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Rated 3.01 stars
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ReelTalk Movie Reviews
Not so pretty, baby!
by Frank Wilkins

1917. America is contemplating sending soldiers to the battlefields of Europe; radio is not yet available as the entertainment medium of choice for Americans; and prostitution runs rampant in the Storyville District of New Orleans, Louisiana. One particular establishment, run by the astute but sassy Nell (Francis Faye) is the setting of the opening scene of Pretty Baby. We see the 12-year-old Violet (Brooke Shields) as she is watching her mother, Hattie (Susan Sarandon) apparently satisfy a John, but as the camera pans, we see that Hattie is actually in the middle of childbirth -- surely one of the less desirable byproducts of the profession.

From this opening scene on, director Louis Malle pulls us into the seedy and repugnant life of Violet as she grows up and becomes a young lady within the walls of a household completely devoid of morals, chastity and self-respect. Despite the disturbing subject matter, Malle's sophisticated hand gives us the ability to see Violet with a fatherly concern rather than an immaterial disgust. We see the world through her eyes as he holds the camera on her face, allowing us to completely take in her thoughts and emotions. What will become of a young girl who has seen and done such things?

The frequent visits to Nell's Place by a photographer named Bellocq (Keith Carradine) catch the eye of Violet. She's envious of Bellocq's attention towards her mother although his interests lie in capturing her grace and beauty on film rather than in pleasures of the flesh. Bellocq is eventually attracted to Violet's precious, gem-like beauty and wisdom beyond her years. The two become married but we are never convinced of Bellocq's love for Violet. It seems to be a marriage more out of concern for her well being than a marriage of passion and infatuation. In a very moving scene, Bellocq buys her a doll. When she asks why, he replies, "Because every little girl should have a doll." Her reaction is brilliant. She is angered that he still thinks of her as a child, but she can't resist the urge to play with the doll.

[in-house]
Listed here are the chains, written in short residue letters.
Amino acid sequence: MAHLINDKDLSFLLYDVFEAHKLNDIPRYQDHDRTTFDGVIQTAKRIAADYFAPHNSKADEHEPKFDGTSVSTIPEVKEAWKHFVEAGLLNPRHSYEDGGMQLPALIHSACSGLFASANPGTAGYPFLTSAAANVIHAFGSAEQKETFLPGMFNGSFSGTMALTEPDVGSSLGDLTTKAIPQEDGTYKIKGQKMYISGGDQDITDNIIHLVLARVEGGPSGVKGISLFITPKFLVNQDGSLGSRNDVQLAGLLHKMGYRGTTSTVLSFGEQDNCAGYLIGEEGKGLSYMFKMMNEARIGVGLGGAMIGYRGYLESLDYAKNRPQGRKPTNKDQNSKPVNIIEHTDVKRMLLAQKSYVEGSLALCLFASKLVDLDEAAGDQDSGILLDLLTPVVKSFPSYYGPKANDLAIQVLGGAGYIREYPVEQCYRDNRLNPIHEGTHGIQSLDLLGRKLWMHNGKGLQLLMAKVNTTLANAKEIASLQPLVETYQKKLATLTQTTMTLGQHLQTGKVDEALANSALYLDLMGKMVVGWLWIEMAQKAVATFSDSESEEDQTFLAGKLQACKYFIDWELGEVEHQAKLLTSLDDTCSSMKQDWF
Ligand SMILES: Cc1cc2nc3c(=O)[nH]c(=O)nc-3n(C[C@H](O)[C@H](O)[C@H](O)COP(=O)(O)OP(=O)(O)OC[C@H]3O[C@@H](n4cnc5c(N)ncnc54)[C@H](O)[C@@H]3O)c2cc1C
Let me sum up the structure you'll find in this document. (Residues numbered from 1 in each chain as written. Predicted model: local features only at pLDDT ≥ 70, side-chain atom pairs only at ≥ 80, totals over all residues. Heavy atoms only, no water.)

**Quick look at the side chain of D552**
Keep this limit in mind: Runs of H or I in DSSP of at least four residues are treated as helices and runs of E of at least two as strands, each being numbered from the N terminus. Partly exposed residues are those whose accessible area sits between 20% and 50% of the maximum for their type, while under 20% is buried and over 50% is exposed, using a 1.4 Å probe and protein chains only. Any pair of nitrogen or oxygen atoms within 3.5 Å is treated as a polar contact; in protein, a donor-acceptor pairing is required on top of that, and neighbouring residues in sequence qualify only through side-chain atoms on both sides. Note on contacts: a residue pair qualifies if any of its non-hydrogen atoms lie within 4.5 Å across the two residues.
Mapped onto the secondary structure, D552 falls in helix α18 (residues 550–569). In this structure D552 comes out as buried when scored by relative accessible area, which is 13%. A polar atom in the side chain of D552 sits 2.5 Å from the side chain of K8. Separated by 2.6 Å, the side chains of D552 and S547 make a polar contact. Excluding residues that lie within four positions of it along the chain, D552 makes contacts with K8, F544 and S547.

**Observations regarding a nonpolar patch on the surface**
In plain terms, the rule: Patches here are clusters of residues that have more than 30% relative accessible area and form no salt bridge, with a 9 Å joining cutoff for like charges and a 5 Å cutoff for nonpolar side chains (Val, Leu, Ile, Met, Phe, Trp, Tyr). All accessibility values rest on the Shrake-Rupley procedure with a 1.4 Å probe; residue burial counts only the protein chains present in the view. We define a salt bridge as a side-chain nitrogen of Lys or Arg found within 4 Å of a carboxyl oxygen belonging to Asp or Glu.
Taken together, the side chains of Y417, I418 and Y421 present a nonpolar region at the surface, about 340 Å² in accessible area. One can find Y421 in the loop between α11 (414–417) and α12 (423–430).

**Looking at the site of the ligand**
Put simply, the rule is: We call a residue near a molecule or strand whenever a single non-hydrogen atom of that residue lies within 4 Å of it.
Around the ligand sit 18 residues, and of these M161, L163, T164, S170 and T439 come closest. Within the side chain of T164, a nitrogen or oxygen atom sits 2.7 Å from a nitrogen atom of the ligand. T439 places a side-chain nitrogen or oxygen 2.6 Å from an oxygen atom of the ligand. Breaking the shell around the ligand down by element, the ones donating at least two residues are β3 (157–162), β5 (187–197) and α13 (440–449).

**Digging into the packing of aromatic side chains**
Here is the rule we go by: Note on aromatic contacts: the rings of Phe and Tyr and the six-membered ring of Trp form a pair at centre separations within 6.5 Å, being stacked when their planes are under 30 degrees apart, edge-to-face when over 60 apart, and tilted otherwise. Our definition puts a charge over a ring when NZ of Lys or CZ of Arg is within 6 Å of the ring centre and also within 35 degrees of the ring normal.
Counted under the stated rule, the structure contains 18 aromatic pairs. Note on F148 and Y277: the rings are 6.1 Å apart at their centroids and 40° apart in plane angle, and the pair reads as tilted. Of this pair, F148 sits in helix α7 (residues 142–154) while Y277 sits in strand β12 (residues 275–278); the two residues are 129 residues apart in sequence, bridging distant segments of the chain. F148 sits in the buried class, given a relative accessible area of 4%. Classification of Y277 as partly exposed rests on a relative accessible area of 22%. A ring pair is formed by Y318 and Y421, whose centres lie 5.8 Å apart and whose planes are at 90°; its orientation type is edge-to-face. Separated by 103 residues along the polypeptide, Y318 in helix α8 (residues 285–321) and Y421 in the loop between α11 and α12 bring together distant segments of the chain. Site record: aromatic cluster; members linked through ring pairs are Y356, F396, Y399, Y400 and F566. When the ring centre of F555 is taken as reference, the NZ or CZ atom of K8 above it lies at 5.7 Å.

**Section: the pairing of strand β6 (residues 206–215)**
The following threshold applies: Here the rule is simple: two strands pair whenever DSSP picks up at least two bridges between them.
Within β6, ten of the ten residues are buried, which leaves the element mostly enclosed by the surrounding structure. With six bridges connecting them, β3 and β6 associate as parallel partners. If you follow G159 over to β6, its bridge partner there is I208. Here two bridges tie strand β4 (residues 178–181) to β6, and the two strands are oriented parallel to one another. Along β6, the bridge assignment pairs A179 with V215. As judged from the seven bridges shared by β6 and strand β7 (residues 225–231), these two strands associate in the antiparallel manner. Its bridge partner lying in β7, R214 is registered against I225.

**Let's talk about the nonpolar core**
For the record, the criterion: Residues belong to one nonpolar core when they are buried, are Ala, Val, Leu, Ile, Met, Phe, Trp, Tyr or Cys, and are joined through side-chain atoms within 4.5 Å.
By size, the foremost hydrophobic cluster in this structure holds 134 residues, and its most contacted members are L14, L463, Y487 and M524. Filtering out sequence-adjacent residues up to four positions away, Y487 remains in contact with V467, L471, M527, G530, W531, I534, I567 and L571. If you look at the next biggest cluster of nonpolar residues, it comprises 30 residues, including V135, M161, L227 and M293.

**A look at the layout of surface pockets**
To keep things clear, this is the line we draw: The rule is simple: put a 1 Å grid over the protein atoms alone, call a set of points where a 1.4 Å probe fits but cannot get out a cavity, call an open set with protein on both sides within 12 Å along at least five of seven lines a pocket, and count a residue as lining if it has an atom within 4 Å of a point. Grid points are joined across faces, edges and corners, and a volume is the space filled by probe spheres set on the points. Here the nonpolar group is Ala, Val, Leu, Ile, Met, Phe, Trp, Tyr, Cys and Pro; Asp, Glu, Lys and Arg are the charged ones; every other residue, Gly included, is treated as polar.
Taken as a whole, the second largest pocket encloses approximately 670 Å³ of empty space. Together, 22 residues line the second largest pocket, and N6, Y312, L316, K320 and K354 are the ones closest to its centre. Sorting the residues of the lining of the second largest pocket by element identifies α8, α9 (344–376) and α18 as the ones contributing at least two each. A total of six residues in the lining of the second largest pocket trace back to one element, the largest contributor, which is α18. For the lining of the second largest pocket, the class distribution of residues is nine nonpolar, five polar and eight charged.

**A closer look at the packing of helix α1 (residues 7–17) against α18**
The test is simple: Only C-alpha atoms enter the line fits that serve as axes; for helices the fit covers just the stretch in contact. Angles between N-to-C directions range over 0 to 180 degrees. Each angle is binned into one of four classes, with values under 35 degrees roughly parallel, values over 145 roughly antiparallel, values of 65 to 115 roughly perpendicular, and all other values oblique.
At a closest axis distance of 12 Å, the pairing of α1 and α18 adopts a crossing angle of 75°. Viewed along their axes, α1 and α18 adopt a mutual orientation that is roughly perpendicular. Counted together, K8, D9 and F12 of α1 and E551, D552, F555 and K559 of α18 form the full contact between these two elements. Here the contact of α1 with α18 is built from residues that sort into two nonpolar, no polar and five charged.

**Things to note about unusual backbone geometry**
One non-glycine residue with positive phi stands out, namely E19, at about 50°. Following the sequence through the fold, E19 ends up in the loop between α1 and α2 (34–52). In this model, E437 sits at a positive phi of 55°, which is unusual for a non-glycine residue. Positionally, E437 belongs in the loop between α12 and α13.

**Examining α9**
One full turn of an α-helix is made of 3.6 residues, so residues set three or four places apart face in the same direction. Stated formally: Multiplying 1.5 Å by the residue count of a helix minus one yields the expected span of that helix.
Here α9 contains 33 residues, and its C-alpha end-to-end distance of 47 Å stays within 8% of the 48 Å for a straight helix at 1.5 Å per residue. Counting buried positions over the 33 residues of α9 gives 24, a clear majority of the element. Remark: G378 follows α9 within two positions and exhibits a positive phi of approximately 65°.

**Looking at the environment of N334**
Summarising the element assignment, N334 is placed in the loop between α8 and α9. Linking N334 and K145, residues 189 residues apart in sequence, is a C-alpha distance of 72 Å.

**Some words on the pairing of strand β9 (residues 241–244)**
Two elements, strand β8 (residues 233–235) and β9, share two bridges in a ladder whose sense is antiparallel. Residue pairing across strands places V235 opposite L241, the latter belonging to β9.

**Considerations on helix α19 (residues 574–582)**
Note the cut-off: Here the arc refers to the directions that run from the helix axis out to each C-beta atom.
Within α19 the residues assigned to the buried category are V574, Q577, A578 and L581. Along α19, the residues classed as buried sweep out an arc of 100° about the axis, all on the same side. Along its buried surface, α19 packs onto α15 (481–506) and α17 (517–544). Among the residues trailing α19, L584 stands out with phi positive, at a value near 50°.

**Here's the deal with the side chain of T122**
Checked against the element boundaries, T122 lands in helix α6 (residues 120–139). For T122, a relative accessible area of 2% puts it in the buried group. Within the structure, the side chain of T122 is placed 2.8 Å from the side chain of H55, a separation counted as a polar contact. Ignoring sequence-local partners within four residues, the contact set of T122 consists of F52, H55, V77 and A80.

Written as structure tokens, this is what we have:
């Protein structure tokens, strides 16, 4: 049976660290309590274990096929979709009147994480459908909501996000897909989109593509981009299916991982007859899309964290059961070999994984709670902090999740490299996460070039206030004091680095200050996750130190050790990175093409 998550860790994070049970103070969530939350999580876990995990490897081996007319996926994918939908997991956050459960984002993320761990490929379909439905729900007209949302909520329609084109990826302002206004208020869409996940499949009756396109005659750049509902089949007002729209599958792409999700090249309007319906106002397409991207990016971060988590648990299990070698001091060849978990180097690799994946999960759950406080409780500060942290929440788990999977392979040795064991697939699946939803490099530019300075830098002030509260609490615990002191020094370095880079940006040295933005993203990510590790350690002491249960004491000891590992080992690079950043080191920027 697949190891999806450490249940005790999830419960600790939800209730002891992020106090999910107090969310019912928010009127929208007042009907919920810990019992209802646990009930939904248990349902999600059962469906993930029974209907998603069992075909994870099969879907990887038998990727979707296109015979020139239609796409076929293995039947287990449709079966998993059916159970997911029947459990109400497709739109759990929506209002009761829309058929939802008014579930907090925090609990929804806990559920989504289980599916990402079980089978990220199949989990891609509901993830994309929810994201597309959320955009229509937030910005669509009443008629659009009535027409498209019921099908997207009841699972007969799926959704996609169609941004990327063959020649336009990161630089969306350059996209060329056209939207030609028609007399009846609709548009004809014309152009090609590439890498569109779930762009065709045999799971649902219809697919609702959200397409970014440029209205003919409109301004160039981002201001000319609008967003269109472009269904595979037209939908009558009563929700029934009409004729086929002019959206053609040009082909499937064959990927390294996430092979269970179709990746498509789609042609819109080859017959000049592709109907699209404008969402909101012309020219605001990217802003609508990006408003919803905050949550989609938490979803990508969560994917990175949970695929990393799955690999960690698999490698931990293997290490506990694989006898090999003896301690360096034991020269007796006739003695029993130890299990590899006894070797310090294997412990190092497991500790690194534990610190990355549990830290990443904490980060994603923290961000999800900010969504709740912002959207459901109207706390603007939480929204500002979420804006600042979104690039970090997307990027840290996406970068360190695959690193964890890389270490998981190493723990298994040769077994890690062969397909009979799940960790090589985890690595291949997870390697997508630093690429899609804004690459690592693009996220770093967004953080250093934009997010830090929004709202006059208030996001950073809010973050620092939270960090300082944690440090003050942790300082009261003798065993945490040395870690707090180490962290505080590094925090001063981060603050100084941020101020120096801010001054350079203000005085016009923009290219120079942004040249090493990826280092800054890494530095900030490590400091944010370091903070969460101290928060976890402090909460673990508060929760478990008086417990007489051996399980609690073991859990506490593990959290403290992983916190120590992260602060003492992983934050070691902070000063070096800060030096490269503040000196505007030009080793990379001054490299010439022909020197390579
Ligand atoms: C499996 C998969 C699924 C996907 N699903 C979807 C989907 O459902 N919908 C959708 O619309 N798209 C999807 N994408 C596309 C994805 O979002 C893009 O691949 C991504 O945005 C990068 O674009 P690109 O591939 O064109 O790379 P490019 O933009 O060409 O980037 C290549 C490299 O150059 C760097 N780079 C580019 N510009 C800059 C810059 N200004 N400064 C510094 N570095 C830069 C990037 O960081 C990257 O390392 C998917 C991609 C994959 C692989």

Carradine as Bellocq gives a memorable performance. His cool demeanor allows him to slowly become the hero we hope can eventually end the madness. A house full of petty whores, drug-users, cheating Senators and businessmen and other irreputables is no place for a child to be raised. And Bellocq convinces us that he can save this poor girl from the despair.

Sarandon, as Hattie, is seamless and flawless, not to mention at her shapeliest best. She gives a very textured performance of a mother torn between the love of her children, the struggle to succeed and the need for caring and support. Nell's is a place to give love, not receive it and her ticket out is marriage to a millionaire. She loves the camera as it pauses for long periods on her face and nude body. Her role consists of several multi-faceted characteristics: mother; hooker; model; wife; and businesswoman, yet she convinces us in each one.

The task asked of Brooke Shields is a mighty one, especially being a young model with little to no acting experience. Violet is tragically suspended somewhere between pre-pubescence and adulthood yet Malle capitalizes on Brooke's screen presence and beautifully innocent charm to present the story as an expose of a decadent era rather than the sexuality of a 12-year-old girl.

I was constantly expecting a tragic event to go down but it never really does. I finally realized that the tragedy was the situation itself. Pretty Baby is a dark and disturbing look at a lifestyle that was probably not too uncommon in the days of legal bordellos and non-existent birth control. Malle and co-writer Polly Platt have carefully served up the tale of a young girl's coming of age in a lifestyle we don't want to know exists. They feed us with just enough information to finish out Violet's life according to our own hopes, desires and emotions.

(Released by Paramount Pictures and rated "R.")

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